Geoffrey: The concept can be one of those timeless concepts that carries on. Final Destination has been going on for twenty years and there’s been five movies.


Jeffrey: There’s only four sequels.


Geoffrey: Only four?


Jeffrey: I only say this as a horror fan. If you look at [franchises] like Friday the 13thand Halloween, they all have 20 sequels/remakes.


Geoffrey: I love how that’s your bar. Sir, I will take four sequels of anything I’ve written.


Jeffrey: I’m so grateful, but just as a horror fan, and I know the fans want more, the studio has just been very finnicky about making more of them.


Geoffrey: That’s anything now. Everything is getting tighter, budgets are dropping, and COVID doesn’t help.


Jeffrey: Our budgets were never small. The first couple were around [$20 million], then once it got to 3D, the budget jumped up to [$40 million].


Geoffrey: What you and I are talking about, I thought this was going to go in the direction of writing towards horror, but I think we’re discussing how to create something original that can really have legs to it. What are your recommendations, other than being in an airplane and reading about a lady who escaped death on an airplane? If that was me, I would’ve been freaking out that whole flight. I’m glad you decided to just put it in your back pocket, I’d be freaking nervous.


Jeffrey: I wasn’t that nervous. The thing is, you can always write for a franchise, but it really depends on the execution. What I try to do with my concepts, I’m very interested in the human condition and things that scare everybody. That’s why Final Destination has such legs because we didn’t give a face to Death. It doesn’t matter if you’re religious or not, or what your cultural background is, you can’t reject Death. You can relate to that movie and you don’t have the barriers up of having it be specific. With my movie Tamara, it was about bullying, and it was also my update on Carrie. I love Carrie, I just don’t like that you have to wait till the last fifteen minutes for her to kill everybody.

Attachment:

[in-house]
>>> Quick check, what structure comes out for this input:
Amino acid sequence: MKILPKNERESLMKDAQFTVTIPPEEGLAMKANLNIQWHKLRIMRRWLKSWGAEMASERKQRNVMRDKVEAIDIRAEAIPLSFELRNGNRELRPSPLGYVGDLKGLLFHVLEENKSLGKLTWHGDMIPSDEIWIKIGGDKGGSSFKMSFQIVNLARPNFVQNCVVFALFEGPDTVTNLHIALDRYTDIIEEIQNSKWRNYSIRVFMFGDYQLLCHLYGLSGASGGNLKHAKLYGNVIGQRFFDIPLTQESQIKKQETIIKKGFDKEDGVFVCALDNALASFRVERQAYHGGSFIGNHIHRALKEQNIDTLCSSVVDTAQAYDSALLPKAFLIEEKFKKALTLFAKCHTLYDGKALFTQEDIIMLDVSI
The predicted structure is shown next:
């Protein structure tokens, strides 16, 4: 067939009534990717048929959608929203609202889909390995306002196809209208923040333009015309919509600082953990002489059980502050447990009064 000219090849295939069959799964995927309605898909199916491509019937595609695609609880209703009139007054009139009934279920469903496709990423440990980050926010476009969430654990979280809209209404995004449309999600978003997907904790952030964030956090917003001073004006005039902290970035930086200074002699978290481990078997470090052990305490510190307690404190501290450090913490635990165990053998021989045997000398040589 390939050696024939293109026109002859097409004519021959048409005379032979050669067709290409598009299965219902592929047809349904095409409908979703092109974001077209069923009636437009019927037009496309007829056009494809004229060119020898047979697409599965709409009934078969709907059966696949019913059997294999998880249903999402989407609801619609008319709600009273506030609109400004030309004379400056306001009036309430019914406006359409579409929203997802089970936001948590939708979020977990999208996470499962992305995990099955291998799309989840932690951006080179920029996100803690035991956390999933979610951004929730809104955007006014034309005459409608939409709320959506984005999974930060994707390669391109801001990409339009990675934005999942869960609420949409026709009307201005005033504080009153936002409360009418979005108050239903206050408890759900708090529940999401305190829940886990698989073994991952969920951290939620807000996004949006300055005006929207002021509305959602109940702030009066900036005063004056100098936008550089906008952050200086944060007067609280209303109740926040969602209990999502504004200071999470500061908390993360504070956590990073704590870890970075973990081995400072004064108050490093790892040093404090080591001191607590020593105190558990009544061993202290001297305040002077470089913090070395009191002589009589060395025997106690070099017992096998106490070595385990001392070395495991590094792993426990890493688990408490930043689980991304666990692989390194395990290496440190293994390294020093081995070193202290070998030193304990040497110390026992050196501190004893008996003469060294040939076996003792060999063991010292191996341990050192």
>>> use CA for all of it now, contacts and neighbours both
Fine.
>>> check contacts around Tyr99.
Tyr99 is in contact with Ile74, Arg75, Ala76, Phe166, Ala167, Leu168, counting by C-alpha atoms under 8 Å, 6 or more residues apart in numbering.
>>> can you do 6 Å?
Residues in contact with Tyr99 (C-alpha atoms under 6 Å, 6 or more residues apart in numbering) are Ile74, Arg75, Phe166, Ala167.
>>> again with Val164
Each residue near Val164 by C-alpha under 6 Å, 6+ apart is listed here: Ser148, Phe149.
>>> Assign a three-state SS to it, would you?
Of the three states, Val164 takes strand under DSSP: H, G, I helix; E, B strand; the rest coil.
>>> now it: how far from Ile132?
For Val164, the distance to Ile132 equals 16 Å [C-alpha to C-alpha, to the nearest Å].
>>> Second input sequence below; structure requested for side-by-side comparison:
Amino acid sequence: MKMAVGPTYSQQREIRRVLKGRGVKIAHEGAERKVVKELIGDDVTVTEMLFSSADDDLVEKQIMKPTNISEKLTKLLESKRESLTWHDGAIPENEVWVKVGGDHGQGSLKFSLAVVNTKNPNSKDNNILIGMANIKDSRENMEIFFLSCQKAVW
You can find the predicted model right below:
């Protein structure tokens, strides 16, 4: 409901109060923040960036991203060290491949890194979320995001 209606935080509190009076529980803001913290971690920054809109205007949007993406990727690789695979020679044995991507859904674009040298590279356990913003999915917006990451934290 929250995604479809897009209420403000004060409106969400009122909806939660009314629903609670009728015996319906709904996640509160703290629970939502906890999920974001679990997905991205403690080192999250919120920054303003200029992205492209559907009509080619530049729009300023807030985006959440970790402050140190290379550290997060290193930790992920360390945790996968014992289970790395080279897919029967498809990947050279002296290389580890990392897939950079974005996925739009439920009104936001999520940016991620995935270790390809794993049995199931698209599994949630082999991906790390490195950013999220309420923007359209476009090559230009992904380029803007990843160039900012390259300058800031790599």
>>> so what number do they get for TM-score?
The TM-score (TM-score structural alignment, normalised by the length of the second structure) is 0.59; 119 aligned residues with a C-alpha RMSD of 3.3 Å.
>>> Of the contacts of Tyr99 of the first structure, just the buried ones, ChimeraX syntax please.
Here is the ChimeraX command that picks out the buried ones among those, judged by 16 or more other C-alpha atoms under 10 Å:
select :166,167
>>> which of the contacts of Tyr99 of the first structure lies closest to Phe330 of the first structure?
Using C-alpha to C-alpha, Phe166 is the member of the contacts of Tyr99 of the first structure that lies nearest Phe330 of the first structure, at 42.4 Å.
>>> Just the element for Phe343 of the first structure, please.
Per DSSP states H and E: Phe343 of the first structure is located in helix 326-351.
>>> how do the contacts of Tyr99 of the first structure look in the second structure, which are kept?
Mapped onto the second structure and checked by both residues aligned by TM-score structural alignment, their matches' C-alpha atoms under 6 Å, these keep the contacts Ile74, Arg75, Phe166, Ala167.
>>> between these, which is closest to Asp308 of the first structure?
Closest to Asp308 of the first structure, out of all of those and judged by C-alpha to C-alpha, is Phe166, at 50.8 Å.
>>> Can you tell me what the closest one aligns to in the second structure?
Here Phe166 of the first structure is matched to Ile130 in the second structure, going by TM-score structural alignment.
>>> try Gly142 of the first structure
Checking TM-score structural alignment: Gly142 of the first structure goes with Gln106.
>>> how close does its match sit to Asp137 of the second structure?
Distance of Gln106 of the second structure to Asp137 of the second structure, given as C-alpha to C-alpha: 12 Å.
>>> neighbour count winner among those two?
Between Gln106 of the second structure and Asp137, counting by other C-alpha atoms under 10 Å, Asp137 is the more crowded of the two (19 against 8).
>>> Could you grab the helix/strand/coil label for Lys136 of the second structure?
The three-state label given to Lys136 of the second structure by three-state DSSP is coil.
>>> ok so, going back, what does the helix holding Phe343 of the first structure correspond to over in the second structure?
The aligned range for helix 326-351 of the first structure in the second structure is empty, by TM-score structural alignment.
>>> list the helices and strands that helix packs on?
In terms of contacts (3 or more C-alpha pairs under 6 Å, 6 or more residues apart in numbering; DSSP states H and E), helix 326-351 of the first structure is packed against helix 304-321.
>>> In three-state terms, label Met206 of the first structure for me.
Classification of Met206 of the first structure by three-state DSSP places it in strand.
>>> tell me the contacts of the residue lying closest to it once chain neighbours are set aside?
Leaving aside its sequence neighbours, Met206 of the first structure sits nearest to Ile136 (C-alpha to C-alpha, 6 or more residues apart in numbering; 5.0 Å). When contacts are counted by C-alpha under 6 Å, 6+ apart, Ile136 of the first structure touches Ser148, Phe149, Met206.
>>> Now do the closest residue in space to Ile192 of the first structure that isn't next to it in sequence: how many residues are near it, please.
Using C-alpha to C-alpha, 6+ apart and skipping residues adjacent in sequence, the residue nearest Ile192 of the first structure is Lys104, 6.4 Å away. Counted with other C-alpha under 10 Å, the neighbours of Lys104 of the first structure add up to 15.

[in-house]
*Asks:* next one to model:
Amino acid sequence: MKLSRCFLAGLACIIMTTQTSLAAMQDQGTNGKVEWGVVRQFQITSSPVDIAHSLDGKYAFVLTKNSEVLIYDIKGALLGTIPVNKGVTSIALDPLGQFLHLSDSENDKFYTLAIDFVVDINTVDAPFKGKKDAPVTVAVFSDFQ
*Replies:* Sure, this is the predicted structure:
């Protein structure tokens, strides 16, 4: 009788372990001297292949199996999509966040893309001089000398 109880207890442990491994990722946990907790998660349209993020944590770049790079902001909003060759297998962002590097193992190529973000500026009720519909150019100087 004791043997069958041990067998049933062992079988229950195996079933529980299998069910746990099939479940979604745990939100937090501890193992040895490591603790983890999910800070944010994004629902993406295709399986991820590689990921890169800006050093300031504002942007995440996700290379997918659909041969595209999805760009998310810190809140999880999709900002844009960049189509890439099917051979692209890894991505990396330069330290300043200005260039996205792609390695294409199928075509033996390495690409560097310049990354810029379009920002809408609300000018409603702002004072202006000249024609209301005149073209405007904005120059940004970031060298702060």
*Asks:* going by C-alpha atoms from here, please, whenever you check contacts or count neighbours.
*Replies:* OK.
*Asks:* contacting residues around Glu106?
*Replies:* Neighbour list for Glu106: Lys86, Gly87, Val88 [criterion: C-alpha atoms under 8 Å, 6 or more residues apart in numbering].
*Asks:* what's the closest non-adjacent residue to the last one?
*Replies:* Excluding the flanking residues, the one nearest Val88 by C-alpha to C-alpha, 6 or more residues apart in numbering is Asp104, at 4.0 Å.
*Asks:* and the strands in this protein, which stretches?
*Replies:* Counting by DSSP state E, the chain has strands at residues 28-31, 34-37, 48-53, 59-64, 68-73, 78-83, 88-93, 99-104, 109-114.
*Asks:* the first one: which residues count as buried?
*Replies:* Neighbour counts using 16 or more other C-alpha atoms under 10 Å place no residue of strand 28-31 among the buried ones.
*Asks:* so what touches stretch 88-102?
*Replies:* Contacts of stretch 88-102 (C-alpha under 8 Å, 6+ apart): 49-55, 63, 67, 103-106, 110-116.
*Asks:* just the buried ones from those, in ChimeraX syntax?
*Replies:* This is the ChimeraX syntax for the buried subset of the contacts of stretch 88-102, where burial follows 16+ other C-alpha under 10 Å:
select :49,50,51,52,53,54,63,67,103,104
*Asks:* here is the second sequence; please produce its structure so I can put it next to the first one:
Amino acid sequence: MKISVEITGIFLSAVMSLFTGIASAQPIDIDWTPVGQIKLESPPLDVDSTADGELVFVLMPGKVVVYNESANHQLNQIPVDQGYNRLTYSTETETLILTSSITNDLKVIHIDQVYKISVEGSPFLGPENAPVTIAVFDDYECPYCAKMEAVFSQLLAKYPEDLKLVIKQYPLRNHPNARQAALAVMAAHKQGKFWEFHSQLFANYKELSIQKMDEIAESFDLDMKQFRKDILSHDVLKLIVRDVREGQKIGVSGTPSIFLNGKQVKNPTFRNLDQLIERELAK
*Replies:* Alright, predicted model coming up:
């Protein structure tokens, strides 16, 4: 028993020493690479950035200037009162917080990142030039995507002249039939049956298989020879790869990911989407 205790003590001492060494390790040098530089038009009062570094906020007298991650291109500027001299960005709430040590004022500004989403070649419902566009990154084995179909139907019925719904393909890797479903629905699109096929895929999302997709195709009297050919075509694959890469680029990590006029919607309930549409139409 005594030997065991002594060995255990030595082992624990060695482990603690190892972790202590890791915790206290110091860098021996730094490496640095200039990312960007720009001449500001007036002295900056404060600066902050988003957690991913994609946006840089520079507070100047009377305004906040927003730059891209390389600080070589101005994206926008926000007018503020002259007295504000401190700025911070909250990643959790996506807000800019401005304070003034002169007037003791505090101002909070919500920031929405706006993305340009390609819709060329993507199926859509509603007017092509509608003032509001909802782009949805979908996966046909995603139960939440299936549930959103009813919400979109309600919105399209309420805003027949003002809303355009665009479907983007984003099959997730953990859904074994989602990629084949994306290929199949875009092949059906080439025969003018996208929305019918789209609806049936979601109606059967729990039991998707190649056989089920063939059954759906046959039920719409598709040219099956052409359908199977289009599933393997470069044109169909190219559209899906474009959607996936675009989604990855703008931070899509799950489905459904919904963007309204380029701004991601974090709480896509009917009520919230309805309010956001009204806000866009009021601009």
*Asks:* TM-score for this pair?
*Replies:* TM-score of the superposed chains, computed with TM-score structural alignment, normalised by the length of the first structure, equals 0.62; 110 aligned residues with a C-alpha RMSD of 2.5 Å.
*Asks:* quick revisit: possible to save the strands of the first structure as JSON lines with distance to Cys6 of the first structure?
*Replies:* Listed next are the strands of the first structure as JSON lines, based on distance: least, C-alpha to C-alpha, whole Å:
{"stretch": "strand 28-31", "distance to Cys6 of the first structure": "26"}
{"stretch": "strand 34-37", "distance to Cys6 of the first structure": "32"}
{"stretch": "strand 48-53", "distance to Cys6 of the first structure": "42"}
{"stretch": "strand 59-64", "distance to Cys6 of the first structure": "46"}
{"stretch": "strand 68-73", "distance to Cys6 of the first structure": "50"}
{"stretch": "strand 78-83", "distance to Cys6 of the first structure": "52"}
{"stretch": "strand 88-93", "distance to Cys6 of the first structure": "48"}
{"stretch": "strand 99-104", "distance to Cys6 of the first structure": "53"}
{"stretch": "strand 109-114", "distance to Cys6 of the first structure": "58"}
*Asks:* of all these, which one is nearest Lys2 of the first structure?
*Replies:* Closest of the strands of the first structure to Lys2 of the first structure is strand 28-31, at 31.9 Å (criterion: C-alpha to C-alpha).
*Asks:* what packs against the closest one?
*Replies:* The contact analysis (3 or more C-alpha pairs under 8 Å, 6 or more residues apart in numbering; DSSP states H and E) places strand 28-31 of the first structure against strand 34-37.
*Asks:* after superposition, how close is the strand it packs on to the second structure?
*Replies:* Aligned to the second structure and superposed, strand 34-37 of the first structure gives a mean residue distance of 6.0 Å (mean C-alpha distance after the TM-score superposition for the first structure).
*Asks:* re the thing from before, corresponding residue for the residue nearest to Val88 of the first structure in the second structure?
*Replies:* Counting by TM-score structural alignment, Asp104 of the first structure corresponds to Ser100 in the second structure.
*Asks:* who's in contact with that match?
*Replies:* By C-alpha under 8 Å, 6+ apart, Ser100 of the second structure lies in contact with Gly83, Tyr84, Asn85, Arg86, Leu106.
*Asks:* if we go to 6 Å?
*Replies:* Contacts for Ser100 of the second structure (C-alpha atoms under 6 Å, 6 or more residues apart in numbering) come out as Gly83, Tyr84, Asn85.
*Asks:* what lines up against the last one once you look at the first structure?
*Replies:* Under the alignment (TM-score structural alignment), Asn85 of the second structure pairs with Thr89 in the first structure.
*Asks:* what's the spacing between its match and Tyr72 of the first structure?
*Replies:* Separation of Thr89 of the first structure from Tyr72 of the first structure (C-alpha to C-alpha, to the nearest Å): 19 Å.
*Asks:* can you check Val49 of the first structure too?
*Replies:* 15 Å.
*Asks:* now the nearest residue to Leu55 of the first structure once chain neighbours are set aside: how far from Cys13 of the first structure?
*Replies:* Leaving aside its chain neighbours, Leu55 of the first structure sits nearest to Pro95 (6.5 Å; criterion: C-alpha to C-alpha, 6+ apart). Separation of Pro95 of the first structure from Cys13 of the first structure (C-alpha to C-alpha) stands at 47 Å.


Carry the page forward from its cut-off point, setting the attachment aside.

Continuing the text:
Geoffrey: It is a bit of a slow burn, isn’t it?


Jeffrey: I love the movie, but I wanted to take that concept and make something we can all relate to.


Geoffrey: I actually mention this in my book, you’re talking about writing towards a universal human condition. By writing about Death, it transcends religion and everything, and it’s coming for us all. It’s like how Nightmare on Elm Street hits you because everybody dreams. It’s another one of those universal concepts. With Jason, I’d say the big appeal for him is, for me, he’s always represented that unstoppable terror we all feel could be coming for us. I think that’s why the [Friday the 13th movies] work, other than the fact that you can get into debauchery. Developing a concept, using that universal human condition as a good way to give a script legs. You did this in Tamara, was it the same process, or did you sit down and design something?


Jeffrey: I designed it. A lot of Tamara came from a place where people kept telling me, “Bring us something like Final Destination.”


Geoffrey: That’s gotta be tough.


Jeffrey: Yeah, it’s like I have a whole drawer full of them that I was just saving. Then I would come up with ideas and they would say, “That’s too much like Final Destination, or it’s not like Final Destination enough.” Finally, I realized I can’t keep chasing that dragon. It’s hard enough to get a movie made, but if a movie becomes a hit, it’s like lightening in a bottle. It has to happen at the right time and place; there’s a lot of pieces that go into making a hit. So I thought, “why don’t I just write something fun?” I’d been bullied growing up, because I’m a person of color and I’m gay, so I definitely understand bullying. I like the idea of Carrie where the bully [dies]. That’s one thing that attracts people to horror, the final girl/guy is never the most popular kid in school.


Geoffrey: No, and neither are horror fans. You go to a horror convention and they’re all normal people or super geeks like me. You’re never going to a horror convention and seeing the quarterback of the football team.


Jeffrey: But quarterbacks and prom queens like [those movies] too, that’s what’s so funny. I decided, let me just write a fun movie that has everything in it that I would want to see. I knew I had the universal concept of bullying, and Carrie has proven people love that type of story. It’s been told a lot of different times in a lot of different ways, and I wanted to put my own spin on it. I made the character of Tamara as someone who was into witchcraft, then these kids bully her, and she dies during a prank. They bury her in the woods, which is obviously the smart thing to do, and then she walks into class on Monday. Before, she was this meek shy girl, and now she’s really empowered and sexy. She starts going after the bullies based on their “sins”. They can’t go to the police and say, “We killed her this weekend and now she’s after us!” so they’re stuck. Of all my films, Tamara is still my favorite. It was going to be done by a studio with a big budget, and we ended up doing it independently for not a big budget. We ended up having to cut down on a lot of stuff. Some of the producers were a little prudish, so they cut out some of the sexual stuff I explored and toned down some of the violence, but it was still fun.